The earliest known volcanism associated with the Kerguelen hot spot began about 130 million years ago when Africa, Antarctica, Australia, India and Madagascar were just beginning to break apart, thus creating the Indian Ocean. Changing tectonic plate motions over the ensuing eons left a continuous record of the hot spot's eruptive history, with peak volcanic events creating much of the Kerguelen Plateau and Broken Ridge. Leg 183 recovered volcanic rocks and interbedded sediments, which revealed two significant pulses of volcanism during Cretaceous time at about 110 and 85-95 million years. Subsequent plate motions over the Kerguelen plume resulted in the formation of the Ninetyeast Ridge (82-38 million years) and the northern Kerguelen Plateau about 35 million years ago. The Kerguelen hot spot continues to erupt today at Heard and McDonald islands, albeit at rates much lower than those of more than 80 million years ago.

Surprising evidence recovered on Leg 183 revealed that the Kerguelen plateau had existed as a large landmass above sea level at three different times during an 80-million year period, before finally become submerged about 20 million years ago. The evidence consists of dark brown sediment overlying subaerially erupted lava flows, charcoal and wood fragments in sediments overlying igneous rocks, and conglomerates, which formed from sediments deposited in river beds, interlayered with lava flows. The final stage of volcanism forming the Kerguelen LIP produced magmas rich with gases such as carbon dioxide, oxides of sulfur and water vapor, which may have caused global environmental change.

HISTORICAL BACKGROUND. During the late 1700s, many explorers were searching for a legendary large southern continent they called "Terra Australis," which they believed to exist and which they were anxious to claim and colonize for the country for which they sailed.

Yves Joseph de Kerguélen-Trémarac discovered La France Australe (today's Kerguelen island chain in the Indian Ocean just north of Antarctica) in 1772, and in that same year claimed this 'southern motherland' for France.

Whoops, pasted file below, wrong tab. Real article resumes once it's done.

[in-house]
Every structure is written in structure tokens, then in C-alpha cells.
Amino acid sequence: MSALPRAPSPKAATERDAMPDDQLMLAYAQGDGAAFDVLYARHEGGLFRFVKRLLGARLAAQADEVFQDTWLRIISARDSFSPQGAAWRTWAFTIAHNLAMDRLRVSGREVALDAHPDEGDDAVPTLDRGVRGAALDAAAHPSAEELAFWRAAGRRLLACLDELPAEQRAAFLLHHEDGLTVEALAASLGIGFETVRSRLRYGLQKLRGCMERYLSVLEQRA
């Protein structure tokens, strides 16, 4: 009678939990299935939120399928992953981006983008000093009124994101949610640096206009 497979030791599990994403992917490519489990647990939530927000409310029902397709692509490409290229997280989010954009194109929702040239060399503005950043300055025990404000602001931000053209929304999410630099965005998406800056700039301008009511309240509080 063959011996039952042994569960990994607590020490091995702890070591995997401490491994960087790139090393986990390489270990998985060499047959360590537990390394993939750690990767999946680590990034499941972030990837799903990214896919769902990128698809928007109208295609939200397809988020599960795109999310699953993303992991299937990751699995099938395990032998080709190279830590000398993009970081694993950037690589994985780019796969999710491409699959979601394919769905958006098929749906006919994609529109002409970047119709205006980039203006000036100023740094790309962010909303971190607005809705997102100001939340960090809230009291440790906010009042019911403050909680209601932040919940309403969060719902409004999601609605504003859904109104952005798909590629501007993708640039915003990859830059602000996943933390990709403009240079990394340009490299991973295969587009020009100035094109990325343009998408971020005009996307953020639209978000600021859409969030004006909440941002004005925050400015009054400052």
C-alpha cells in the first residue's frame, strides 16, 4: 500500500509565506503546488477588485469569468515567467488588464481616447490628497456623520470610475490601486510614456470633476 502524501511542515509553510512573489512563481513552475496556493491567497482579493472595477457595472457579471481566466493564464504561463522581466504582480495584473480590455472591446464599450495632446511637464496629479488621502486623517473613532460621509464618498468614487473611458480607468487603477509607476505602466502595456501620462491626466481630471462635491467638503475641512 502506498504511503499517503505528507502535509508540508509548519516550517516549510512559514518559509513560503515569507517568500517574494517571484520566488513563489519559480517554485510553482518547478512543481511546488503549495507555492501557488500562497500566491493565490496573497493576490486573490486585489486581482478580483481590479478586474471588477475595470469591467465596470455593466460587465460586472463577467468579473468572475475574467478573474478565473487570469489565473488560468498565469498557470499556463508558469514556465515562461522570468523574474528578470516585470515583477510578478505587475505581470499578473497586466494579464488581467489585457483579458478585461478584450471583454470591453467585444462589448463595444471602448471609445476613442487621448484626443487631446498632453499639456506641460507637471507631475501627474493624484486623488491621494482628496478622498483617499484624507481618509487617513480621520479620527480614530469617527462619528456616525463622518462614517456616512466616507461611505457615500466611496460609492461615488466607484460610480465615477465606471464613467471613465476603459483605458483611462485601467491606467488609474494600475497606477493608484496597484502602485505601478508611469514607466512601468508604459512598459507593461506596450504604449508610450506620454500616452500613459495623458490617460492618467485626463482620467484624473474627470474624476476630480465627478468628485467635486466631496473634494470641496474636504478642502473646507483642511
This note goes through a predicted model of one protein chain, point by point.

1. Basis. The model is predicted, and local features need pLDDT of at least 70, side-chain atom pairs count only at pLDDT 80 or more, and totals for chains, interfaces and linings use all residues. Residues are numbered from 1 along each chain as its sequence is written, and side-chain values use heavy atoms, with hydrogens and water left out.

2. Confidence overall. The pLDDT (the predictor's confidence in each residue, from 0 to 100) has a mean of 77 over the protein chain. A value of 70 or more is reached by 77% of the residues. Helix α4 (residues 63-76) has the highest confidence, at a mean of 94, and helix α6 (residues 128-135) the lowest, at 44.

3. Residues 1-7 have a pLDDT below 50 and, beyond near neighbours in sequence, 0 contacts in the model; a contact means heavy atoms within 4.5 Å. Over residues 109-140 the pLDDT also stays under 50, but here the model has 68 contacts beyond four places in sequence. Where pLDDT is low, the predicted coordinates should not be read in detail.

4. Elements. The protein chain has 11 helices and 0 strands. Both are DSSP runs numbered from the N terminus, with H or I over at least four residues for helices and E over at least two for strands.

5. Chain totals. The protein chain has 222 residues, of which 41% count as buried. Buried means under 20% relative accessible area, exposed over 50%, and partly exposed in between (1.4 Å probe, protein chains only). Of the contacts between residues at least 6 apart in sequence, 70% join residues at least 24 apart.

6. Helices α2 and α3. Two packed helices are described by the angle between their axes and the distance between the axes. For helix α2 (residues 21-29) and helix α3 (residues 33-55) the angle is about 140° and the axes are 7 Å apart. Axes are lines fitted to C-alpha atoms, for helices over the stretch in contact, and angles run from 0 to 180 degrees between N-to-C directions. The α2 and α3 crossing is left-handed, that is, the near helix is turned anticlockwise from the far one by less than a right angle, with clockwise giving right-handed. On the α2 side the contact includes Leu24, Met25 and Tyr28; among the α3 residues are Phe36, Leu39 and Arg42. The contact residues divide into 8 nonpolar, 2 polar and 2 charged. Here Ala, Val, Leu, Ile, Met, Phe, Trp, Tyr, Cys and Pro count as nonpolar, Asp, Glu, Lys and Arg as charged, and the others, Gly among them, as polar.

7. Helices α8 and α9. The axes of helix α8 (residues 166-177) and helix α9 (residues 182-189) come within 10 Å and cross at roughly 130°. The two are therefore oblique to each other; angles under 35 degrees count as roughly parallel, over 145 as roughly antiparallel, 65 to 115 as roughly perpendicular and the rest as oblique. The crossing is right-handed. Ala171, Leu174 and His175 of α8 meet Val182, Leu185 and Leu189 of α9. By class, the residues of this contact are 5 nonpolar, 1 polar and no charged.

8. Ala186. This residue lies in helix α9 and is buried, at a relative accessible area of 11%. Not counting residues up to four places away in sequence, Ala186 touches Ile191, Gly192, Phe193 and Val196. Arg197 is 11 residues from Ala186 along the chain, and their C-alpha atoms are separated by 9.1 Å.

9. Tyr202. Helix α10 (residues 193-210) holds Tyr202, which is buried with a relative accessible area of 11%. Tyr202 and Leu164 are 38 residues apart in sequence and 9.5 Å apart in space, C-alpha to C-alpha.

Upon returning home, his eloquent rhapsodizing to the reigning French monarch about Kerguélen's superb agricultural and mineral potential resulted in the king dispatching three ships and 700 men to colonize Kerguelen in 1773. However, 699 pairs of eyes couldn't lie. They saw only the tiny volcanic islands, but no massive continent as Kerguélen had claimed. (They had no way of knowing then that a small continent lay about two kilometers below the volcanic islands, and it would be 1999 before the land mass would be discovered by Coffin, Frey and other scientists on the research team.) Upon Kerguélen's second homecoming to France, he was court-martialed, sentenced to 20 years in prison, and dismissed from the Navy for exaggerating his findings.

Another explorer, Capt. James Cook, later set sail, also in search of "Terra Australis," but the landmass he discovered actually was a smaller continent now known as Australia.

The legendary "Terra Australis" continent eventually was discovered in the early 19th century.

It was located further south and it's present-day name is Antarctica.

For additional information, contact Dr. Mike Coffin at (512) 471-0429, or Dr. Kathy Kelly Ellins, UTIG program manager, at (512) 232-3251. On Friday, May 28, Coffin will be attending a meeting in Vancouver, Canada, and can be reached at (604) 822-6052.